CHICAGO (SUN TIMES MEDIA WIRE) - An ice storm that started moving into the Chicago area Tuesday night could drop over a quarter-inch of freezing rain and make travel nearly impossible on some roadways, according to the National Weather Service.
Ice accumulations could total between one-tenth to four-tenths of an inch, the weather service said in an ice storm warning that remains in effect until 6 a.m. Wednesday. The highest amounts of freezing rain are expected to move northeast from Morris to Joliet to downtown Chicago.
In Chicago, the freezing rain will give way to normal rainfall around 2 a.m. Wednesday, the weather service said. Some thunderstorms could also affect the area during that time.
True ice storms are uncommon in this part of the county, according to the weather service, which noted that Chicago hasn’t been issued a similar warning since the end of 2009.
On Wednesday, scattered showers are expected throughout the day, the weather service said. A high of 38 degrees is in the forecast, with temperatures expected to drop to the mid-30s at night.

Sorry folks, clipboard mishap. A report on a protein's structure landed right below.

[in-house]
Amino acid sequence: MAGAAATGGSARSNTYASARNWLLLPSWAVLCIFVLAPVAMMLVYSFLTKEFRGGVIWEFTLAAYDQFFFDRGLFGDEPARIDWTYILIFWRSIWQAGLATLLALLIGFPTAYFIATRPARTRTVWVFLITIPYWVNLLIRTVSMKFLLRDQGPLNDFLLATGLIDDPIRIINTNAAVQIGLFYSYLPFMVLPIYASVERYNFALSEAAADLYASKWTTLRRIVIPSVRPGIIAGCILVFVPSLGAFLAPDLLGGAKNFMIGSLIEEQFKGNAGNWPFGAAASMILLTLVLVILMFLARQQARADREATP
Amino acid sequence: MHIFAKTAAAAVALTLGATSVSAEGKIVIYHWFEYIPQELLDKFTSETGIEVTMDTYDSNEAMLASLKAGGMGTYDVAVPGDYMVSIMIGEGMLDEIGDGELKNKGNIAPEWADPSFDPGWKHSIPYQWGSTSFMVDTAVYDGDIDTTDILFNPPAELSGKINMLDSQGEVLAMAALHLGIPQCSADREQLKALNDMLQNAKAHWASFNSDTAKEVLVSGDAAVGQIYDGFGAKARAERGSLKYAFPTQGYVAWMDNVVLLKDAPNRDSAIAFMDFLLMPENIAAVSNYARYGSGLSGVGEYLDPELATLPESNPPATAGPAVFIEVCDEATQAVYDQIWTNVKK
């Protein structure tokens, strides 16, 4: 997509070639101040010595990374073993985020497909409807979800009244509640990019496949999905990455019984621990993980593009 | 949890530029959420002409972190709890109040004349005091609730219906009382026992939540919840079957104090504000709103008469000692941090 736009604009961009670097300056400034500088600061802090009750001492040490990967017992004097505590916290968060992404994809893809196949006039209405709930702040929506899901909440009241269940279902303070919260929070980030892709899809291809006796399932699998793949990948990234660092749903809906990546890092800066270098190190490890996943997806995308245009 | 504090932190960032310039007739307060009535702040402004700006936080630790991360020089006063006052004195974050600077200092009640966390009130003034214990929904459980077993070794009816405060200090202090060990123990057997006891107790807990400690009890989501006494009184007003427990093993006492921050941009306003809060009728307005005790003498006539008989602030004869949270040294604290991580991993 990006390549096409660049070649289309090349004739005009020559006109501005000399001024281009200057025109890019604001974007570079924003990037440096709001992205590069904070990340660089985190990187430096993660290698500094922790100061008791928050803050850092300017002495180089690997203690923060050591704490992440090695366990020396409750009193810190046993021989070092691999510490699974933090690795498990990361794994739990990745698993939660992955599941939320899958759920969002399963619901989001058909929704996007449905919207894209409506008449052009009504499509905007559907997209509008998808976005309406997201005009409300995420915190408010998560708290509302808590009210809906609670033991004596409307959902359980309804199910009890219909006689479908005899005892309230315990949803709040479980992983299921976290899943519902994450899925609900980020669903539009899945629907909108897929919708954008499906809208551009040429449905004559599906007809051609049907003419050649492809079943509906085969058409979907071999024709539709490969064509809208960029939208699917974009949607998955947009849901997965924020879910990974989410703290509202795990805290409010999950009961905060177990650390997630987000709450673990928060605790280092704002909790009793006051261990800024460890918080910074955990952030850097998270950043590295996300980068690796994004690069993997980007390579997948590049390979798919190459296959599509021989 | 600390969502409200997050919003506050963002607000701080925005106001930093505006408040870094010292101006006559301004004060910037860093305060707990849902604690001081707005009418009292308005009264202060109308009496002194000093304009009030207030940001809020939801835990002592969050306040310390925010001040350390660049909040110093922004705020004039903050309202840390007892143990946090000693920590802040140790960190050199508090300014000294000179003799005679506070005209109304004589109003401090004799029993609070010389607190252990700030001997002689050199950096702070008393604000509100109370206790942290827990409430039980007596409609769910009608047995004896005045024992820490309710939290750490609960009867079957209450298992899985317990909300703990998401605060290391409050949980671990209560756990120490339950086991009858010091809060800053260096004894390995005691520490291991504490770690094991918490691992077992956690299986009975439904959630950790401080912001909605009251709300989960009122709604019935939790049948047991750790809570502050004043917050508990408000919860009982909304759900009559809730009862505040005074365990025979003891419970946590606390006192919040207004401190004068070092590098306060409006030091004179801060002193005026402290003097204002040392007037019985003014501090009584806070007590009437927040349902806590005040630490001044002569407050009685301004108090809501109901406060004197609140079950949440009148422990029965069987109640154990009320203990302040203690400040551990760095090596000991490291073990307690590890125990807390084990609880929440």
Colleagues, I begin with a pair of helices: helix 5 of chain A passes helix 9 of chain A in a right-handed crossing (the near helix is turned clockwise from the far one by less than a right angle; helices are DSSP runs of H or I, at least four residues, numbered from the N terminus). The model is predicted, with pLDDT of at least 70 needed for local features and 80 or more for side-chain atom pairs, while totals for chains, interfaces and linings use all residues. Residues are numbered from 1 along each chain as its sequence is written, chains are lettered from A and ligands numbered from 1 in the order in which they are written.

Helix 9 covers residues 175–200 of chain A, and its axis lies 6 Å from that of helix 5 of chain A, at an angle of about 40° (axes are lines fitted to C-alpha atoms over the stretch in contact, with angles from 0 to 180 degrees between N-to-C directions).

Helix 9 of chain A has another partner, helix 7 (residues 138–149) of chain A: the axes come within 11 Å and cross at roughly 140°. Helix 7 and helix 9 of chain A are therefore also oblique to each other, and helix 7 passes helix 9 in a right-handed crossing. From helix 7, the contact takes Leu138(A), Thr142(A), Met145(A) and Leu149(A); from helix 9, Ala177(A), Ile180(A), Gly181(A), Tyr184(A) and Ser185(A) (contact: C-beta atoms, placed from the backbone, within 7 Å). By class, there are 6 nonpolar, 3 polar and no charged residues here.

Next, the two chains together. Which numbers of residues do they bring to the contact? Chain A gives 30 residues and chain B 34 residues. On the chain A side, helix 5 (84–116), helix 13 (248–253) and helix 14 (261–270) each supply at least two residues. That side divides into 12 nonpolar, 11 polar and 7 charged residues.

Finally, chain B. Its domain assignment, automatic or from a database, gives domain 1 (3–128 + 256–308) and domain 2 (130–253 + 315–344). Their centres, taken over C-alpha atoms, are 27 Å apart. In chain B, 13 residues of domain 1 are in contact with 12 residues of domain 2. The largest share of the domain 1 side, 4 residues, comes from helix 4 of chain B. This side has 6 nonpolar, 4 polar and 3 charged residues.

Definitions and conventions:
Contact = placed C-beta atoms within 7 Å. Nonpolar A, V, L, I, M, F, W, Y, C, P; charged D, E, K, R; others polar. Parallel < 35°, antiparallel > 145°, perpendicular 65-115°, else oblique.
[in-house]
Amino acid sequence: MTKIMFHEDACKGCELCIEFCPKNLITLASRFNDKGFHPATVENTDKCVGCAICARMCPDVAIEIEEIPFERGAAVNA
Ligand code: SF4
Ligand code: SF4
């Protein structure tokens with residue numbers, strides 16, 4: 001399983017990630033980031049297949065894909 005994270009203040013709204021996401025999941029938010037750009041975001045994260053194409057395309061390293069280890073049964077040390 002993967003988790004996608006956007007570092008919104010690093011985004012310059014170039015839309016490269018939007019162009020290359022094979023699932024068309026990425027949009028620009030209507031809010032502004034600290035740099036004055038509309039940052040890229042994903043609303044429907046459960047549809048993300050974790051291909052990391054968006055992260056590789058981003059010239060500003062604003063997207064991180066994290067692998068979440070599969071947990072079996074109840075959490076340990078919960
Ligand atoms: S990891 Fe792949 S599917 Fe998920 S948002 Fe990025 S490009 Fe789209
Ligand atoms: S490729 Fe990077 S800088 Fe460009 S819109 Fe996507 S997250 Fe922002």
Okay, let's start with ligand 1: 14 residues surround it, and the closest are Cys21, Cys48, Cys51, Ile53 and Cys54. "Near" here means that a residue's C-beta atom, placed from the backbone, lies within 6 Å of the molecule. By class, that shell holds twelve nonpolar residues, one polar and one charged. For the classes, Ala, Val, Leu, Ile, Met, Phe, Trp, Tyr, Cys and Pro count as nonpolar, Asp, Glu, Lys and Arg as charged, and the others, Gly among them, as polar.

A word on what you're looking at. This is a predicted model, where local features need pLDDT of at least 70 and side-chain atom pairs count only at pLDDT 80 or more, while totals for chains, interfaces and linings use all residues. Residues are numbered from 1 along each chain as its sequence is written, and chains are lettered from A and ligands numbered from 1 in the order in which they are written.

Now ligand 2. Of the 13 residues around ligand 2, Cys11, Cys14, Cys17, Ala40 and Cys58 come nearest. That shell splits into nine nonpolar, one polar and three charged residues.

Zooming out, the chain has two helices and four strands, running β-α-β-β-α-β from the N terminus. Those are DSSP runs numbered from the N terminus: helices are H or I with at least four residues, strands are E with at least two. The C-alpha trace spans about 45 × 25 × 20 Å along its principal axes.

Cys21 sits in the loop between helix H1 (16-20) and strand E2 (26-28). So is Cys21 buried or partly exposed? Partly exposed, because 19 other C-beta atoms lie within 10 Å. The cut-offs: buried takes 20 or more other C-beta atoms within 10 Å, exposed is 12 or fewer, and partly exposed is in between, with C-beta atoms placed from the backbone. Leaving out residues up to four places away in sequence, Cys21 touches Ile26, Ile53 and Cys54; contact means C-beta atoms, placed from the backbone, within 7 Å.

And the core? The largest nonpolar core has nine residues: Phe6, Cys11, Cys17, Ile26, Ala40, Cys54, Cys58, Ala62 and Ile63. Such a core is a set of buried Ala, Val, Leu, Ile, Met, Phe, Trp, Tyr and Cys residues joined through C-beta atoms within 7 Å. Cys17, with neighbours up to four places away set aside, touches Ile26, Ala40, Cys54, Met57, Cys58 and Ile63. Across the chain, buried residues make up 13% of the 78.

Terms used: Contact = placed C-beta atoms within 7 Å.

More than 180 schools, churches and community centers throughout the area have canceled evening classes and activities on Tuesday or announced late starts Wednesday morning, according to the Emergency Closing Center.
Service of suburban buses and South Shore Line trains could be adversely affected by the ice storm, according to statements from Pace and the Northern Indiana Commuter Transportation District.
Metra warned riders that slippery platforms, parking lots and roadways were expected during the morning commute. Commuters were urged to allow extra travel time and advised to use caution while getting on and off trains, Metra said in a tweet.
Metra was also running Electric District Line trains overnight “to prevent ice from accumulating on the overhead wires,” the rail agency tweeted.
Officials in Cook County urged residents “to use extreme caution through the duration of the storm,” according to a statement from Natalia Derevyanny, a county spokeswoman.
County officials warned of hazardous travel conditions and advised drivers to look out for downed tree limbs and power lines, Derevyanny said. In addition, officials warned against touching anything a downed power line has come into contact with, including vehicles.
Chicago’s Office of Emergency Management and Communications advised people to report downed wires, fallen trees and traffic signal outages by calling 311, visiting the 311 website or using the new CHI 311 mobile app, according to a statement from the agency. Residents can also use the city’s non-emergency line to request ice and snow removal.
Chicago’s Department of Streets and Sanitation deployed more than 300 salt spreaders Tuesday afternoon, while the Illinois Tollway was mobilizing its full fleet of 196 plows to spread salt and other de-icing materials ahead of the winter storm, according to statements from OEMC and the tollway.